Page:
[20] I give an example of Trenchard's mode of showing his profound respect for an excellent Sovereign. He speaks thus of the commencement of the reign of Henry the Third. "The kingdom was recently delivered from a bitter tyrant, King John, and had likewise got rid of their perfidious deliverer, the Dauphin of France, who after the English had accepted him for their King, had secretly vowed their extirpation."

[21] Life of James; St. Simon; Dangeau.

[22] Poussin to Torcy April 28/May 8 1701 "Le roi d'Angleterre tousse plus qu'il n'a jamais fait, et ses jambes sont fort enfles. Je le vis hier sortir du preche de Saint James. Je le trouve fort casse, les yeux eteints, et il eut beaucoup de peine a monter en carrosse."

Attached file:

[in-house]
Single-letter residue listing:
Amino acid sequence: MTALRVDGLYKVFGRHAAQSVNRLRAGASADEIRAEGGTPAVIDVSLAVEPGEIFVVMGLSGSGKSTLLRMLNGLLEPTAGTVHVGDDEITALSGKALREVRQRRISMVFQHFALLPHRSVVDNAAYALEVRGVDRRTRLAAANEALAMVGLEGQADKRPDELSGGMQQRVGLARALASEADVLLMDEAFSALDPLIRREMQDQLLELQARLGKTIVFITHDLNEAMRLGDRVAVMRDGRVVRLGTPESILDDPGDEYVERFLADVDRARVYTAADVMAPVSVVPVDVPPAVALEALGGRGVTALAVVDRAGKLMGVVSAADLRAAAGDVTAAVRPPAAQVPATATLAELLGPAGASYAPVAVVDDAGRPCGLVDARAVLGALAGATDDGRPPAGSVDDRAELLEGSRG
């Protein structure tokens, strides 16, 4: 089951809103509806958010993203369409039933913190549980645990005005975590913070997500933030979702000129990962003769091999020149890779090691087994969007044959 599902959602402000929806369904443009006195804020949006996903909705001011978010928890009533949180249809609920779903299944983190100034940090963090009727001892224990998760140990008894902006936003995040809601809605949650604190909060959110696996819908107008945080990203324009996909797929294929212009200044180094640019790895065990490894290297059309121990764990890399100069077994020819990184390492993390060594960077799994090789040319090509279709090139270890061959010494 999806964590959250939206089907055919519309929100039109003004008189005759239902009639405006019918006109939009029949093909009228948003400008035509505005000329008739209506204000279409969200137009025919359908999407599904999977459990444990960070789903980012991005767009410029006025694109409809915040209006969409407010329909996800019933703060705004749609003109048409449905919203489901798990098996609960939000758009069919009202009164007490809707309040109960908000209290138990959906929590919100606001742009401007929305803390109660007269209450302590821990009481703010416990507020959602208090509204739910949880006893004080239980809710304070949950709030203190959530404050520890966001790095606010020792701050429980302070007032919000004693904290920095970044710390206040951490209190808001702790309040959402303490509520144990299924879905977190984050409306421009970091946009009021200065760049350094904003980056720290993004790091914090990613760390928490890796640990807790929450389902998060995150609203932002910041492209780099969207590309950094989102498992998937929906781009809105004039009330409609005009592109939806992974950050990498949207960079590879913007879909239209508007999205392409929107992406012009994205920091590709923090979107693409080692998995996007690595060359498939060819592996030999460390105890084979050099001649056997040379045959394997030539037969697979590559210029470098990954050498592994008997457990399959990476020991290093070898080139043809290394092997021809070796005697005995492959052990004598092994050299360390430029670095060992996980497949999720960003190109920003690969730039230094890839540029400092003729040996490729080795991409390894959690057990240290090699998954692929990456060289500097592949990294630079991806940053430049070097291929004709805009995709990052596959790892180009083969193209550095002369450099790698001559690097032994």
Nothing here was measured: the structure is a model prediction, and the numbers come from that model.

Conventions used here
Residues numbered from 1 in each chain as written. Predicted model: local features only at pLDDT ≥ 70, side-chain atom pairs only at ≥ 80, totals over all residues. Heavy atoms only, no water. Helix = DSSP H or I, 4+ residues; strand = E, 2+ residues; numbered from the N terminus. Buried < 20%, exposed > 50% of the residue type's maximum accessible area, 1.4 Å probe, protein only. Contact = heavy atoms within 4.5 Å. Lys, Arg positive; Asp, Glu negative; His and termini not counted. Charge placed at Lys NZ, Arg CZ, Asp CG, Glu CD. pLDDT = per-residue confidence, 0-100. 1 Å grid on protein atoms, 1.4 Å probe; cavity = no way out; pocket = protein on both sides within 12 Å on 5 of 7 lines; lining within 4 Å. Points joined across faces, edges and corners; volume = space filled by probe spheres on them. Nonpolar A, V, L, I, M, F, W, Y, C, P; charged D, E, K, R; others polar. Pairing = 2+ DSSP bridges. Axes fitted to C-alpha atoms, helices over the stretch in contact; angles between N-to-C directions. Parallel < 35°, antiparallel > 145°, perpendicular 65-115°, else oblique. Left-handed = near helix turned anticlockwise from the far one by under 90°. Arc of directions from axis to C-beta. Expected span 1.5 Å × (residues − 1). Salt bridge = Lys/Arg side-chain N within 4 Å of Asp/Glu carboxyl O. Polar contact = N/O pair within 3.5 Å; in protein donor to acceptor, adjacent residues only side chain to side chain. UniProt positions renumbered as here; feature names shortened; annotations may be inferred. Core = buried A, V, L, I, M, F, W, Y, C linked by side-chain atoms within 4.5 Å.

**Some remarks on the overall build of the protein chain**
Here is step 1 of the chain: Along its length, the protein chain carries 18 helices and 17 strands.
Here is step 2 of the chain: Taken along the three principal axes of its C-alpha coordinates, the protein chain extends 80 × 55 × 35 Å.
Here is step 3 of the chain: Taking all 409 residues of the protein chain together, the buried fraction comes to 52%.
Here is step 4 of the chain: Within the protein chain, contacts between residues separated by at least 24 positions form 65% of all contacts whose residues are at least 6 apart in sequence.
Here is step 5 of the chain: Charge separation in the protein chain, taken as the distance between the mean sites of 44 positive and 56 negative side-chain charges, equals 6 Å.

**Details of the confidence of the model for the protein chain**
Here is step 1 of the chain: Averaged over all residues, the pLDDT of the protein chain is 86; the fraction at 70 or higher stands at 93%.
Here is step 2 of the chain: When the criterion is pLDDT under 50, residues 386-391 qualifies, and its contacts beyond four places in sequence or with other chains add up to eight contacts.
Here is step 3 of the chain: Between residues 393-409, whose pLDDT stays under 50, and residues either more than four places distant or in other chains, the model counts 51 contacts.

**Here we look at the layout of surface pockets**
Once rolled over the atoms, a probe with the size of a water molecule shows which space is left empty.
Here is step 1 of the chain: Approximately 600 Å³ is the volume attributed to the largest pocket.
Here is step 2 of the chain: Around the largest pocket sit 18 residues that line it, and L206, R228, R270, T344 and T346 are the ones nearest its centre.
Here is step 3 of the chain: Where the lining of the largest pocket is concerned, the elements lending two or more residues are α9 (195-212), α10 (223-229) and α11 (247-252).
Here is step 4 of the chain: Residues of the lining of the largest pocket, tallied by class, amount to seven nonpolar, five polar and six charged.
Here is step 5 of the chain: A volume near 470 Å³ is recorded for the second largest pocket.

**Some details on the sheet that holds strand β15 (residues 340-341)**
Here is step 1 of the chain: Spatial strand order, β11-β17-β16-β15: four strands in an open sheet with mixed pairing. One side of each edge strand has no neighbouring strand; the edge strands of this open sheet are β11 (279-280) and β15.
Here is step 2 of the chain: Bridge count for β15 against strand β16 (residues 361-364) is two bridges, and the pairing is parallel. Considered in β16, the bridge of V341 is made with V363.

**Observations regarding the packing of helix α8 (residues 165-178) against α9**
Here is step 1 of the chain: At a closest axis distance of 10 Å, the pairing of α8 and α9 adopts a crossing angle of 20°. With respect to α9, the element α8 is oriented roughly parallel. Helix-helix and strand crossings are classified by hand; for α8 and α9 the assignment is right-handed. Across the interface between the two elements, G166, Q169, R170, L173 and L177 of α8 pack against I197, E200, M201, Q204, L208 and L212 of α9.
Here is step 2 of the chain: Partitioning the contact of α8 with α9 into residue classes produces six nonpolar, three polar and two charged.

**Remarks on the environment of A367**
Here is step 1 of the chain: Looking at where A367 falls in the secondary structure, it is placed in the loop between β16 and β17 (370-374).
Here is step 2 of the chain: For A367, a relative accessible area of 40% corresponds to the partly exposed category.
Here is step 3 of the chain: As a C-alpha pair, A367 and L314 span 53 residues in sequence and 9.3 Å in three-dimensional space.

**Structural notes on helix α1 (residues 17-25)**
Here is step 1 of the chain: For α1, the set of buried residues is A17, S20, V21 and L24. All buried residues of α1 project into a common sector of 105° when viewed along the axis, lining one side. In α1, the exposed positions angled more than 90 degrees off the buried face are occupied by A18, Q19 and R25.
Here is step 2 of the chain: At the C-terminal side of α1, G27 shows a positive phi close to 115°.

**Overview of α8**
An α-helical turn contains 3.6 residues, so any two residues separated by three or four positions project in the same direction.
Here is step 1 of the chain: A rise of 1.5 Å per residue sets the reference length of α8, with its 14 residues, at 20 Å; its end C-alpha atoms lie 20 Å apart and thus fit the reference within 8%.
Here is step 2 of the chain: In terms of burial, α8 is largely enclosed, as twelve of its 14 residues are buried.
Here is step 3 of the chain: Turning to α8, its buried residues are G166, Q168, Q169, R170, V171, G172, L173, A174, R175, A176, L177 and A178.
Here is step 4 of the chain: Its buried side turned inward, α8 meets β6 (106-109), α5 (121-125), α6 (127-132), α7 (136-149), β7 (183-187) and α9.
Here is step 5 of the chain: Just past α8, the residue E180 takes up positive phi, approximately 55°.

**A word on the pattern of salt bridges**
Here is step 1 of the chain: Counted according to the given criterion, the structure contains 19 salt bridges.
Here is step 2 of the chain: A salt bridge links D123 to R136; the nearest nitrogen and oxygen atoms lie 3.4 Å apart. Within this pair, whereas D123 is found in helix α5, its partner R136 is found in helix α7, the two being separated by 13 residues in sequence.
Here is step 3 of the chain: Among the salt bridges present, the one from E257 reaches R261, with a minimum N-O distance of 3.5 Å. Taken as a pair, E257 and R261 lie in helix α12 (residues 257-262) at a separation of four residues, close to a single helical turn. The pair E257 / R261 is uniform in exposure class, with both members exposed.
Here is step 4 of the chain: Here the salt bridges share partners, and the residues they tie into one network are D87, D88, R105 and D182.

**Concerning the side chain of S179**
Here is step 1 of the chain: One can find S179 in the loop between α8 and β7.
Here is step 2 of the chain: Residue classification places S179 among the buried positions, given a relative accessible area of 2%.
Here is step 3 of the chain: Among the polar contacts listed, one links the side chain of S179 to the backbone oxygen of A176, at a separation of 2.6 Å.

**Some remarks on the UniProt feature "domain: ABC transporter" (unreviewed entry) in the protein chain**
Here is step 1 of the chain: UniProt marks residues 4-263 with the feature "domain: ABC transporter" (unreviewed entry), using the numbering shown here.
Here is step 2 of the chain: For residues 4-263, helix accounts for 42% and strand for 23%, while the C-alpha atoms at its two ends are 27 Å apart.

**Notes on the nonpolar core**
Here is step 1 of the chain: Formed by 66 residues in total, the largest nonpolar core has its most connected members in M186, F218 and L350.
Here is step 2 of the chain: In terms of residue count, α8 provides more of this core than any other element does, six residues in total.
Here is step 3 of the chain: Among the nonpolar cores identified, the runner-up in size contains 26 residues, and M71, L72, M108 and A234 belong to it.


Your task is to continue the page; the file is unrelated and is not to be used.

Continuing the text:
[23] Memoire sur la proposition de reconnoitre au prince des Galles le titre du Roi de la Grande Bretagne, Sept. 9/19, 1701.

[24] By the most trustworthy accounts I mean those of St. Simon and Dangeau. The reader may compare their narratives with the Life of James.

[25] Lettres Historiques Mois de Novembre 1701.

[26] Last letter to Heinsius.